Cate watched them make their way out and then turned her gaze to Novare who was still there.
“So, Mr Novare, later today, yes? Say three o’clock?”
Novare shook his finger at her in a gesture of feeble menace. “I know your game, Cate Howard. I know your game.”
“Mr Novare, my only game, as you call it, is to run a discreet hotel where people can relax away from the pressures of life, and love can thrive and be free. And if people get carried away sometimes they have a safe haven to do so. I have no secrets. Some of my guests may, but I do not. If you know something about me which I do not, then I will be pleased to be appraised of it. All the more so if I am the legatee of some hitherto unknown and generous benefactor.” At that she cut a wry smile. “But we must leave it to 3pm, if that suits, understood?”
Novare turned on his heels and headed back to the living room with driven steps.
But he returned immediately he had left, his face purple with rage.
“My hatbox! My hatbox!”
“What is it, Mr Novare?” asked Cate.
“My hatbox is missing!”
“But isn’t it with you?”
“Of course not, it’s missing!” His faced was strained now, and Cate regarded him critically, to gauge the extent of his temper.
“Isn’t it always with you?” she asked.
“It’s bloody missing I said. What don’t you understand about that?”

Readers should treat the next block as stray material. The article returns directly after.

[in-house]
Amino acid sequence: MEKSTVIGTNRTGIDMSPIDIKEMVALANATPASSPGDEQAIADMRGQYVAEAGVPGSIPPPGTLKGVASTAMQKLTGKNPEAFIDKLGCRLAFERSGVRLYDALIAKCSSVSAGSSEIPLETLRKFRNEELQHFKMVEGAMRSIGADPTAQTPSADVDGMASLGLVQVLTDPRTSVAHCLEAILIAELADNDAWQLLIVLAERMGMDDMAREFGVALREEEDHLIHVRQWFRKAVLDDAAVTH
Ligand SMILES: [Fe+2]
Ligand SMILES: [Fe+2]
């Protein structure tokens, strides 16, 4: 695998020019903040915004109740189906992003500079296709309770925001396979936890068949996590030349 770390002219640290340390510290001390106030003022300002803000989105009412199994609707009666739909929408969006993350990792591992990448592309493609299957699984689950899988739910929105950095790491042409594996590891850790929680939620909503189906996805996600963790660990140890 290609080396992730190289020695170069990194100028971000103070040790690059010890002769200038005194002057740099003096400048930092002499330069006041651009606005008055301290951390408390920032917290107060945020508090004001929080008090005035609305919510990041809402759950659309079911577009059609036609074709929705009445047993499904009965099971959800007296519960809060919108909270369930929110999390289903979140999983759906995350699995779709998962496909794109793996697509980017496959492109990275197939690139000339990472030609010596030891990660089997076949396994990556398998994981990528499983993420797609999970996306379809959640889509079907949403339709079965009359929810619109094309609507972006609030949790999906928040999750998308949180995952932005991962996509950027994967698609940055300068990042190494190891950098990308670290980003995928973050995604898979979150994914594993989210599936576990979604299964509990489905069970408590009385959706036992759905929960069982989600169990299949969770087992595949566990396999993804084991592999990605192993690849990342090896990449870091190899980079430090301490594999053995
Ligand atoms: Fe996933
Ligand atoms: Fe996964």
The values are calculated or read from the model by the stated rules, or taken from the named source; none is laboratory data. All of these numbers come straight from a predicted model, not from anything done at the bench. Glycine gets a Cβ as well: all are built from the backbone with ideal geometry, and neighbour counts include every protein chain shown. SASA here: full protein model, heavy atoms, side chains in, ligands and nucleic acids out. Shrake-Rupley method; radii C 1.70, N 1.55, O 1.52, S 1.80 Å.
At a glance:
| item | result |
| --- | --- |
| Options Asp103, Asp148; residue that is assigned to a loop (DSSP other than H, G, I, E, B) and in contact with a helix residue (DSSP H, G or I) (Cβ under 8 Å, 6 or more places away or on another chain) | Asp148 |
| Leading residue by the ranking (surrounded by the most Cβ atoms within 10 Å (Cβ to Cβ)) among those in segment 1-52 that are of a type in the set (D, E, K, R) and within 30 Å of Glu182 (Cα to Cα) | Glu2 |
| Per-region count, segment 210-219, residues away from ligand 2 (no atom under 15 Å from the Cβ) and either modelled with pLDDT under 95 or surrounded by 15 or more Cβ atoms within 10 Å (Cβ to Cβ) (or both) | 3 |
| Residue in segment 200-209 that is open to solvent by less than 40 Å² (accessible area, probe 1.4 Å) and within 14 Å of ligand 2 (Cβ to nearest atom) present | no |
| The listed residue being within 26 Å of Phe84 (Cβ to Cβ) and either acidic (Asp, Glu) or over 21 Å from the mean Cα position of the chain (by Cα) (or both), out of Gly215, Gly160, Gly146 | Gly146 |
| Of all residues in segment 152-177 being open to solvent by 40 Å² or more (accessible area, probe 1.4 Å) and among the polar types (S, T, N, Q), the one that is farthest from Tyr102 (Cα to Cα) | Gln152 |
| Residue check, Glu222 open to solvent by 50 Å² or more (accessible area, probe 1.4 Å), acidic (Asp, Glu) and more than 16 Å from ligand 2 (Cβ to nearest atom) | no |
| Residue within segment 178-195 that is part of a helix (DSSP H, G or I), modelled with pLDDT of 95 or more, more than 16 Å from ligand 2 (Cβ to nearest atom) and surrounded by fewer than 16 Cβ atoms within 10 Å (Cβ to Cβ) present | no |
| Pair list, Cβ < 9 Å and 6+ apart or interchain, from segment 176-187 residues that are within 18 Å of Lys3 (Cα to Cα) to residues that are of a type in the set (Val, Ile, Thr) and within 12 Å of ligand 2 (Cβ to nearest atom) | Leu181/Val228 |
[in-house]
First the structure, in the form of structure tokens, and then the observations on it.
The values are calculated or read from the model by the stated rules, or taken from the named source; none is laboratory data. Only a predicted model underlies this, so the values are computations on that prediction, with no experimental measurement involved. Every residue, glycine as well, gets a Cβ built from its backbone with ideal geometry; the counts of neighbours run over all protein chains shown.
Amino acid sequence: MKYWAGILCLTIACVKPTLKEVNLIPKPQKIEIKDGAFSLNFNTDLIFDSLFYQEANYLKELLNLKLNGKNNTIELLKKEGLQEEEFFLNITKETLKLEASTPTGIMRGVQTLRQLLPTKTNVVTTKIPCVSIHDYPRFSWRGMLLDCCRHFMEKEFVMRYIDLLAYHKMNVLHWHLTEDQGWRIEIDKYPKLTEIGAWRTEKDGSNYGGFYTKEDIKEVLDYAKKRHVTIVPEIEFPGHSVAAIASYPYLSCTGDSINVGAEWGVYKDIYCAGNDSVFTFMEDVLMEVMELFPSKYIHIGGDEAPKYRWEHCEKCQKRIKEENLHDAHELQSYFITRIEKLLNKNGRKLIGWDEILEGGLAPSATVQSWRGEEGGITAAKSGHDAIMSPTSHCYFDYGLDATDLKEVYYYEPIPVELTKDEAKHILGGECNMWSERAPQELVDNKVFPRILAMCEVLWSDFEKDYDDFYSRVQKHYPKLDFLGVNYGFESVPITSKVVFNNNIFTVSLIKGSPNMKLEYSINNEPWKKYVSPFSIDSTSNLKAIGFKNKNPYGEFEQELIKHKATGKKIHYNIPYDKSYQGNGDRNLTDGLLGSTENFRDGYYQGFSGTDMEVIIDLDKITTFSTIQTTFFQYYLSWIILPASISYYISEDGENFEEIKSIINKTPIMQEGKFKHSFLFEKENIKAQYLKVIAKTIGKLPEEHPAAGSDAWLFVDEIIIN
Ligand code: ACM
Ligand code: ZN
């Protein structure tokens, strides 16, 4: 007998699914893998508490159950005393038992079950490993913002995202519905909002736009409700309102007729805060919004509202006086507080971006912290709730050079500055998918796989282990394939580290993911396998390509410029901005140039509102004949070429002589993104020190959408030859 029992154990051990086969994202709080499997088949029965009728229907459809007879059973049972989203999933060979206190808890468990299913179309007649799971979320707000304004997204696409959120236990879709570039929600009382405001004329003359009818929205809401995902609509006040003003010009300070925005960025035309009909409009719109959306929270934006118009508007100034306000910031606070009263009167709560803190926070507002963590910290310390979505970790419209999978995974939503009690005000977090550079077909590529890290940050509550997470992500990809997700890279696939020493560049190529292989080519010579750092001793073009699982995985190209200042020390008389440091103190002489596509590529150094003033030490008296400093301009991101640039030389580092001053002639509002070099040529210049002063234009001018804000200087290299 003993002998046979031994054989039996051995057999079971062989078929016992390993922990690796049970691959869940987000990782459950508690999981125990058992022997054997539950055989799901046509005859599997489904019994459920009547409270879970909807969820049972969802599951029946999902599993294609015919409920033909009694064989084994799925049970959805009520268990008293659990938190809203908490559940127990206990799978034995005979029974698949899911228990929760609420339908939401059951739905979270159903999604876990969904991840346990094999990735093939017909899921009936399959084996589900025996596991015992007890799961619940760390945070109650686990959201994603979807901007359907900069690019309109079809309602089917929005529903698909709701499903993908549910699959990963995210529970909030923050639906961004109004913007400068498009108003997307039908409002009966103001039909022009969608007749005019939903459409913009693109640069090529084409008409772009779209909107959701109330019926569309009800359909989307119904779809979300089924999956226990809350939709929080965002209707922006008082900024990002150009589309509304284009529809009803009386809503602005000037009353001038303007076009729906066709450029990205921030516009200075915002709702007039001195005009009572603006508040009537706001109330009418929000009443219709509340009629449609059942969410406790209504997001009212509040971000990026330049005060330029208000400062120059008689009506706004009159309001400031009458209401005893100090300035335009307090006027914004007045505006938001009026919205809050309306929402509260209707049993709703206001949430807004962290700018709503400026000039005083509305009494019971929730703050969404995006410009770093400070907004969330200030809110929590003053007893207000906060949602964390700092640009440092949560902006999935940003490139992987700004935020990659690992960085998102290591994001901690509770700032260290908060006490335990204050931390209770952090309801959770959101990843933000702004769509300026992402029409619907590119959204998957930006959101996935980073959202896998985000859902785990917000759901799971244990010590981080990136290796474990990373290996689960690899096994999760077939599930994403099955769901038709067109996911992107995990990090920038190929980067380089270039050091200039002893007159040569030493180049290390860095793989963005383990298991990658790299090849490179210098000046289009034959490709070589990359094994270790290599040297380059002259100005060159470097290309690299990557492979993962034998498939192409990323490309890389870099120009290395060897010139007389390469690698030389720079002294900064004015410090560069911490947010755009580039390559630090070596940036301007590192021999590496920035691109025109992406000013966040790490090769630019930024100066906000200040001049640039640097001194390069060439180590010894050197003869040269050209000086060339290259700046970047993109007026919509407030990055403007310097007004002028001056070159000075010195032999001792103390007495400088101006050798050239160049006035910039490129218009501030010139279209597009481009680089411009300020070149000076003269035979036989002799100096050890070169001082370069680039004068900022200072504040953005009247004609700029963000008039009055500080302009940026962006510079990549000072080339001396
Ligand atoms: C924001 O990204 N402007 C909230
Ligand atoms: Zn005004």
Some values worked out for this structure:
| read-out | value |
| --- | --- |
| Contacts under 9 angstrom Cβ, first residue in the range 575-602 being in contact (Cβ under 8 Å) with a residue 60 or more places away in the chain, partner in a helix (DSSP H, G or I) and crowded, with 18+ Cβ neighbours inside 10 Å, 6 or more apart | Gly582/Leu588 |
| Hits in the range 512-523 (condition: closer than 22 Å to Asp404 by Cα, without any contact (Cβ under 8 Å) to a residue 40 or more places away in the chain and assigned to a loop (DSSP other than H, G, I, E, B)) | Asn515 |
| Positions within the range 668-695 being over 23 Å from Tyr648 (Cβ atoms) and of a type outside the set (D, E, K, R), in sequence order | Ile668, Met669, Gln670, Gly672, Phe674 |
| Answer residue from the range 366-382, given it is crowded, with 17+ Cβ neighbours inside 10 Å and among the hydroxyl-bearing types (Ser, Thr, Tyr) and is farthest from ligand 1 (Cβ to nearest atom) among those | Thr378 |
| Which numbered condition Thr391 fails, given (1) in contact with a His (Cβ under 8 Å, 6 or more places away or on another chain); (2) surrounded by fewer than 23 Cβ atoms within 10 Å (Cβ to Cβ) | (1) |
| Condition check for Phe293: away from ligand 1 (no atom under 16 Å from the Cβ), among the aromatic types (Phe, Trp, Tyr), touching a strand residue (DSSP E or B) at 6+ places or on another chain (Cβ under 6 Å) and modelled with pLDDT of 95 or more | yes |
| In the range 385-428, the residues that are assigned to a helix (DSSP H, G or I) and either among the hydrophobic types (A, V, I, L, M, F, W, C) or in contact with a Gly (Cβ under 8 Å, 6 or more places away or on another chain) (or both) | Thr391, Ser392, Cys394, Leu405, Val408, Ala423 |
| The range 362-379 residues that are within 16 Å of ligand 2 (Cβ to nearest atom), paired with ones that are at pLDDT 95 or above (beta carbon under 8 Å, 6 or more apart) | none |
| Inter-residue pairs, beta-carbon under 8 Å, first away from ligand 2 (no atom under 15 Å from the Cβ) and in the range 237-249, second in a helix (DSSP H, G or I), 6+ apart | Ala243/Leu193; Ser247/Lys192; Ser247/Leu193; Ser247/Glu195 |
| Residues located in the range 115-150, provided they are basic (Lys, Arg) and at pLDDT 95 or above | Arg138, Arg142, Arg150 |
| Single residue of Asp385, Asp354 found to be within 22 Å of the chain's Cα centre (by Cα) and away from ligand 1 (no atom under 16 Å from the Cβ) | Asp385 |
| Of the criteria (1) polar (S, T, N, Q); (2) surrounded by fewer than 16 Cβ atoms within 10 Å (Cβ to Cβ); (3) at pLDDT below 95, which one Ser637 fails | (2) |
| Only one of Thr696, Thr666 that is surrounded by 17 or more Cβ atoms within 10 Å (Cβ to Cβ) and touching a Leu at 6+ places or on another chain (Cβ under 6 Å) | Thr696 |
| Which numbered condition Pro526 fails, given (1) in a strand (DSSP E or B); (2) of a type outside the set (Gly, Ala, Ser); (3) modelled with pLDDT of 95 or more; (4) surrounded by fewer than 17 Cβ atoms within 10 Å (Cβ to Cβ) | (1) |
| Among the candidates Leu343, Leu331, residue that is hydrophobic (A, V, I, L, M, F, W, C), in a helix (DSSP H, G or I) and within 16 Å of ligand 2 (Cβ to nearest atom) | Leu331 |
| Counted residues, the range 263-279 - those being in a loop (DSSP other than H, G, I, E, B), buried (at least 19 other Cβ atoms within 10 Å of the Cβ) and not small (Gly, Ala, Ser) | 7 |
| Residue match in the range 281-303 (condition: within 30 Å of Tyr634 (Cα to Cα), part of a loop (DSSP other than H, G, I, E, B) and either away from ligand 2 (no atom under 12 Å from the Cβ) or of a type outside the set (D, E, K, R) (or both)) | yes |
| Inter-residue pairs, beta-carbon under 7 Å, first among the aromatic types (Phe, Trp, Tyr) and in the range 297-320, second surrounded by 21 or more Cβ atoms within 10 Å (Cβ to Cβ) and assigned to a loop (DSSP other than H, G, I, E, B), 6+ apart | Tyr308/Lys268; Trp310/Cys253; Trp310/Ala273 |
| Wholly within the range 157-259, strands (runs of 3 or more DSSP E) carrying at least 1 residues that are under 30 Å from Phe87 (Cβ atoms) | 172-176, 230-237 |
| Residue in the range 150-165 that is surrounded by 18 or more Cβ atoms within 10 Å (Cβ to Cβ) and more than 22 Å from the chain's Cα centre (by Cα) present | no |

“It’s not in the living room?”
“No, not in the living room. I checked.”
Cate smiled. She had had numerous guests lose important things, and she found them and kept them secure for their return visit. “Perhaps you need what my mother used to call a mummy look,” she said.
“Listen woman,” Novare retorted, “I had it here and now it’s gone. You’ve bloody stolen it.”
Cate looked down her nose at him. His eyes seemed red as if he was about to cry, and his left hand twitched agitatedly. One of his feet had slipped out of a shoe and was crushing the canvas heel.
“Mr Novare, I’ll invite you to withdraw that statement. We steal nothing here. Never have and never will. Our clients demand trust and integrity and we give it to them. At the moment,” and she paused on the word moment, “you are a guest here, so are afforded the same courtesy.”
“Or you’ve bloody hidden it!”
“Not hidden, not stolen, not taken, Mr Novare.”
“Well where the bloody hell is it?” He swung around to look about the hallway and Welcome Table. A few suitcases remained and a suit bag hung on a rack.